The Coatlicue paintings combine parallel Christian mythologies—that of the Dolorosa, the Madonna at her most terrible moment following the loss of her child, and that of the Virgin at the moment she is chosen to conceive by mysterious means—with the Aztec Earth Mother tradition. Both paintings are based on antique sculptures found in Oaxacan churches, each beautifully executed in the viceregal tradition. I mimicked that tradition as closely as possible, in no way changing the attitudes or aspects of the original sculptures, but simply adding to these passive models of femininity the symbolism of Coatlicue, a goddess of great power, both nurturing and destructive, and closely associated with the serpent. The Dolorosa Coatlicue’s flowing robes are transformed into the skirt of serpents, her stomach is filled with the hearts of men, her foundation a pile of bones, and her face is distorted with the pain of witnessing and even advancing death. The Inmaculada Coatlicue tenderly guards the ball of feathers at her breast, her womb carrying a child with the blue arms and legs of the Mexican war god, and the marks of crucifixion of the Christian sacrificial lamb. She is worshipped by angels as she stands upon a beautiful serpent who is her totem, not her enemy. Her expression is as gentle, as accepting and humble as in the original sculpture.

The three most contemporary pieces, The Magdalenes, are expressions of the politics of myth in real time. Each Magdalene is a contemporary representation of Maria of Magdala, or Mary Magdalene, a real woman who lived and was associated with Jesus of Nazareth. For almost 1,400 years, she was characterized by the Catholic Church as a prostitute. She was not. In the year 591, Pope Gregory the Great, for reasons that are unclear, declared her as such. In Magdalene I: The Prostitute, I associated the contemporary image of a woman selling sex with possibly the most influential woman in Christianity, thereby giving form to the pervasive but rarely visually-articulated figure this historical act established and nurtured in the minds of Christians for nearly a millennium and a half.

Magdalene II: The Chalice represents the view held by some historians that Mary Magdalene was Jesus’ wife and the mother of his children. By this account she was in fact the Holy Grail, the Chalice that carried his seed. Children being corporeal, and child-bearing being perhaps the ultimate and certainly most visceral moment of a woman’s life, I represented this Magdalene at the ripest point in pregnancy, just before giving birth.

The third Magdalene is based on the idea, uncovered in the Book of Thomas from the relatively recently discovered Gnostic Gospels, that Maria of Magdala was Jesus’ closest advisor and confidante, possibly his financial backer, and the individual he chose to carry on his teachings. Mary Magdalene was, by this account, the preferred foundation, or rock, of his church going forward. She was, simply, a friend.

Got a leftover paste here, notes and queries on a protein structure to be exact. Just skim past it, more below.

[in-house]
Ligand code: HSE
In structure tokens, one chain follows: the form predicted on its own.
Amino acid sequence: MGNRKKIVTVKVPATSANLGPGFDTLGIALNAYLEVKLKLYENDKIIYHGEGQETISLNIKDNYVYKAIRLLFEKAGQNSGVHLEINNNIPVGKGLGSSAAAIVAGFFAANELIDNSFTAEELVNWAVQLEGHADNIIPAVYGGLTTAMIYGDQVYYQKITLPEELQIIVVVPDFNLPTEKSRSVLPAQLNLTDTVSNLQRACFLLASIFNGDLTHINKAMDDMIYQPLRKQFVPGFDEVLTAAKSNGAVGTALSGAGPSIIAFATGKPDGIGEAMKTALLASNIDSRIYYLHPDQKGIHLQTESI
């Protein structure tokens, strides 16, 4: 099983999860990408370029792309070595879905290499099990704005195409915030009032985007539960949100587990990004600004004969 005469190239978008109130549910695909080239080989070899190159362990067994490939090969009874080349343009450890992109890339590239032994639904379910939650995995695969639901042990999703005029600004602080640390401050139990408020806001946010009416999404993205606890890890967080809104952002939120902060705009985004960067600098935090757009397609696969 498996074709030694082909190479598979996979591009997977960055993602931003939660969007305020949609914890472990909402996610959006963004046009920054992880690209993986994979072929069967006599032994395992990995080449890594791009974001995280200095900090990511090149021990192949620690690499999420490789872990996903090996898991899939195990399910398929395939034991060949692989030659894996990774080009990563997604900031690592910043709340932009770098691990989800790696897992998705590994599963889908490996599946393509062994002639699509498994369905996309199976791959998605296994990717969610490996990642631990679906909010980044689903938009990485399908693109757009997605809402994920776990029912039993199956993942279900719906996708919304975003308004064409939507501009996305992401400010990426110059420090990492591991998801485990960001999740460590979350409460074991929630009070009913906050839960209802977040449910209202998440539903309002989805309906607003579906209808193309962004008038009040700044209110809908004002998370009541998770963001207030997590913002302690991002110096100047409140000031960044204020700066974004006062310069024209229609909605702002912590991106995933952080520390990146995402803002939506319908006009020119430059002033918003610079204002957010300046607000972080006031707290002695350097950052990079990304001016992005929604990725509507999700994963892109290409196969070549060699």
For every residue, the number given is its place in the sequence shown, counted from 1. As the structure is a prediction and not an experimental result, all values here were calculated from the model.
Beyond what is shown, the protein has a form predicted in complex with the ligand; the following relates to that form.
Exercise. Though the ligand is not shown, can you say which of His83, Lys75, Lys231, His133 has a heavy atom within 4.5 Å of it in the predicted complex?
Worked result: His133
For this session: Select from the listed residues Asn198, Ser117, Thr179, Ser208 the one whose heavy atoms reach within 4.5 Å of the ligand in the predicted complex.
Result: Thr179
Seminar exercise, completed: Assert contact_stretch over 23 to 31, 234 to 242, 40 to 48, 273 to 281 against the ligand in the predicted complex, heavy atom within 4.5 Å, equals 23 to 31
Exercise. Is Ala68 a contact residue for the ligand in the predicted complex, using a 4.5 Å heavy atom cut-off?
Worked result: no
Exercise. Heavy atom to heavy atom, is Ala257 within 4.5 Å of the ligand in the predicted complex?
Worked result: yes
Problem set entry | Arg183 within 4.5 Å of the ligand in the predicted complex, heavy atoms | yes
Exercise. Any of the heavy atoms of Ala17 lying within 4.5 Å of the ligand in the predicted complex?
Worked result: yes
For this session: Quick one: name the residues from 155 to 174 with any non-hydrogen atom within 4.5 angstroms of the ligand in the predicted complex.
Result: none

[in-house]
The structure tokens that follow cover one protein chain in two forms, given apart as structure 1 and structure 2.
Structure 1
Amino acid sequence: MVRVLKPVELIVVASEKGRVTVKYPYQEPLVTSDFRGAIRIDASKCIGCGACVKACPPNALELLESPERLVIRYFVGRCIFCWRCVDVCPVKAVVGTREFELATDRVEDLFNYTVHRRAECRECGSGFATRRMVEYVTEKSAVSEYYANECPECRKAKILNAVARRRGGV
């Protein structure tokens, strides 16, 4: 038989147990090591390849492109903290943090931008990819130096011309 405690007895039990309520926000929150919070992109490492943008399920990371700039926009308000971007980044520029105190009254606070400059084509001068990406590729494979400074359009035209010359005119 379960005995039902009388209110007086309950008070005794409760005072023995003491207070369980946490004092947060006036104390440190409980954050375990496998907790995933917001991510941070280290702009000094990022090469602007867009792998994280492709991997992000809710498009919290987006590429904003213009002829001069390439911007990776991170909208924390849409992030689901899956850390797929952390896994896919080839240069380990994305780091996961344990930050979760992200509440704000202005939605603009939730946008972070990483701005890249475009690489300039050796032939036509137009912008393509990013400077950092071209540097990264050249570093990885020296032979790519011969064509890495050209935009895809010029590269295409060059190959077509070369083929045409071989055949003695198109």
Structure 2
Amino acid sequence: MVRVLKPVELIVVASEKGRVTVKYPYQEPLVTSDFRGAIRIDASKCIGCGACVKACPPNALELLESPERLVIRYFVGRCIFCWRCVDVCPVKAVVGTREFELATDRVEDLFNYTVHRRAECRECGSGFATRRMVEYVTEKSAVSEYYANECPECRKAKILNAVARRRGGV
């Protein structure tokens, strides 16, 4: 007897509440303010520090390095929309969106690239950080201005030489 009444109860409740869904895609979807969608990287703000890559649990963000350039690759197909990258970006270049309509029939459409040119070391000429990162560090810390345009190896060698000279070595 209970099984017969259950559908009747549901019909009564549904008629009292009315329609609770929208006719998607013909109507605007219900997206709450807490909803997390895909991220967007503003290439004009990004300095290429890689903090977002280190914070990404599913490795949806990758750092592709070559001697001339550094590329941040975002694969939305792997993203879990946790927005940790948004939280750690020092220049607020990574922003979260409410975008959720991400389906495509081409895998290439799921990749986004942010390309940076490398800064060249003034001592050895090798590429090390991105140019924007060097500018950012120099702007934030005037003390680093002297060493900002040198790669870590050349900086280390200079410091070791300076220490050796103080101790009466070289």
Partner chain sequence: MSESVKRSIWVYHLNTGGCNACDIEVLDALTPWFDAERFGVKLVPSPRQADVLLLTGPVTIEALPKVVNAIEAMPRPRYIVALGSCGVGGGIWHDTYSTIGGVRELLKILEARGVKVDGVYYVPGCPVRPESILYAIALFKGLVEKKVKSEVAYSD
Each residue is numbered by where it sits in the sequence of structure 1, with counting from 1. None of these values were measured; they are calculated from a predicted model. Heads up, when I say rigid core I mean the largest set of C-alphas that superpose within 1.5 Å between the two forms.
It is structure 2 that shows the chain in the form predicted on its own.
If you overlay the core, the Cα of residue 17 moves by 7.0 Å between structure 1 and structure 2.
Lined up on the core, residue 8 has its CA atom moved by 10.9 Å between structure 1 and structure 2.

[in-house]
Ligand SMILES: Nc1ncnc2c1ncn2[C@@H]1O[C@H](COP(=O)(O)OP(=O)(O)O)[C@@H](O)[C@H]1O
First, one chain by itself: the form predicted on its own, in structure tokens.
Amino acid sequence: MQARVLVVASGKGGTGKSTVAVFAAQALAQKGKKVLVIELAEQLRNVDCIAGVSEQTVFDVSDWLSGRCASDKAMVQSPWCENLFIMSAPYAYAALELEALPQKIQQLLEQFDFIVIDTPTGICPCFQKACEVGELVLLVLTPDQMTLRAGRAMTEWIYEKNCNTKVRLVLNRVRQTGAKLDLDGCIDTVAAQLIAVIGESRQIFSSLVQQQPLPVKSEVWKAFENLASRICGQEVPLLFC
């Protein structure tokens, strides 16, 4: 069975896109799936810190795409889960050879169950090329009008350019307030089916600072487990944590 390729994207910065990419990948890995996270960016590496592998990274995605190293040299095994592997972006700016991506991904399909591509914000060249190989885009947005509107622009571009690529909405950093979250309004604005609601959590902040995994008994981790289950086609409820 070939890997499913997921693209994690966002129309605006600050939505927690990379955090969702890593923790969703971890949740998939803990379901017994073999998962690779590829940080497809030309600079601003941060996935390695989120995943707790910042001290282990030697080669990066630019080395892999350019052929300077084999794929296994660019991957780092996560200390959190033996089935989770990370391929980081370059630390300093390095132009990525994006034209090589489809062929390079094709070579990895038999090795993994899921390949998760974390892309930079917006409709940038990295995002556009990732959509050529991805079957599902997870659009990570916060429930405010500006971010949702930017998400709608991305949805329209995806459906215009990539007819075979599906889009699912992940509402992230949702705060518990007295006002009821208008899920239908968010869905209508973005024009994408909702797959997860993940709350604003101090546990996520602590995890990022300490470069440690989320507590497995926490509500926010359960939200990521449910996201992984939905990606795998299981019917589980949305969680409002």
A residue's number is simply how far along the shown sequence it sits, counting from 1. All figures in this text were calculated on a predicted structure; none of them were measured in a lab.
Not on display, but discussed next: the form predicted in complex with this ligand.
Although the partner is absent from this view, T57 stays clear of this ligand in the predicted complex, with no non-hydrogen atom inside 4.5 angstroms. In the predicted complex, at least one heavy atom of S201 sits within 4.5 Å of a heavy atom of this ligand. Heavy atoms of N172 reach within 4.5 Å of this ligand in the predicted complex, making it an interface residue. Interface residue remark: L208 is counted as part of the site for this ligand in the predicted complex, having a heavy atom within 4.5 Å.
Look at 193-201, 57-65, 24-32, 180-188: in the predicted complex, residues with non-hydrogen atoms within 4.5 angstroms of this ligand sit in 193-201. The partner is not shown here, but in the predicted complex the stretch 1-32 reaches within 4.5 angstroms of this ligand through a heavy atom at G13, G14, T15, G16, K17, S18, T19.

Each of the Magdalenes also contains a symbol from mythology. In the first, it is the apple, the turning point in Christian mythology that brought shame into the world, made sex forbidden, and knowledge something beyond the grasp of humankind. In the second, it is the toothed vagina, or vagina dentada, an image that appears across world mythologies, and which was co-opted by Freud as a symbol of men’s fear of castration. I have encountered other interpretations including an understanding of the life-changing consequences of sex and a fear of death, of returning to the womb that originally gave life, this time to be devoured in death. In most cases, it seems to be a mythology about men’s fears. I applied the myth to the vessel of those fears in the very moment that this symbolic tunnel becomes, for her, the canal through which she will give birth. Seen in relation to the life about to pass through these jagged jaws, the toothed vagina takes on a completely other significance than that popularized by Freud.

And finally the myth in the third Magdalene is that of race. As the frequent victors in modern history, the Caucasian race has more or less defined the color of divinity as “white.” But the man who lived and became the founder of Christianity is highly unlikely to have been the blue-eyed, fair-skinned lamb of Western mythology. In this piece, I simply give the hand and arm of The Rock’s friend a different ethnic background than that presumed by Western culture.

To ensure the iconic nature of the Magdalene images, which were much more contemporary than those of other work in the series, I rendered them in sepia tones to provide a visual marker of historical context, and placed them in a free-floating white to suggest their existence in time and imagination.

Thus this series reinvents iconic imagery of the divine feminine from both mythological and historical perspectives, challenging existing images and offering them from a different viewpoint for consideration. These paintings are the completed members of a larger series in progress which explores various aspects of life, myth, image, power and history.

— Susan “Montana” Murdoch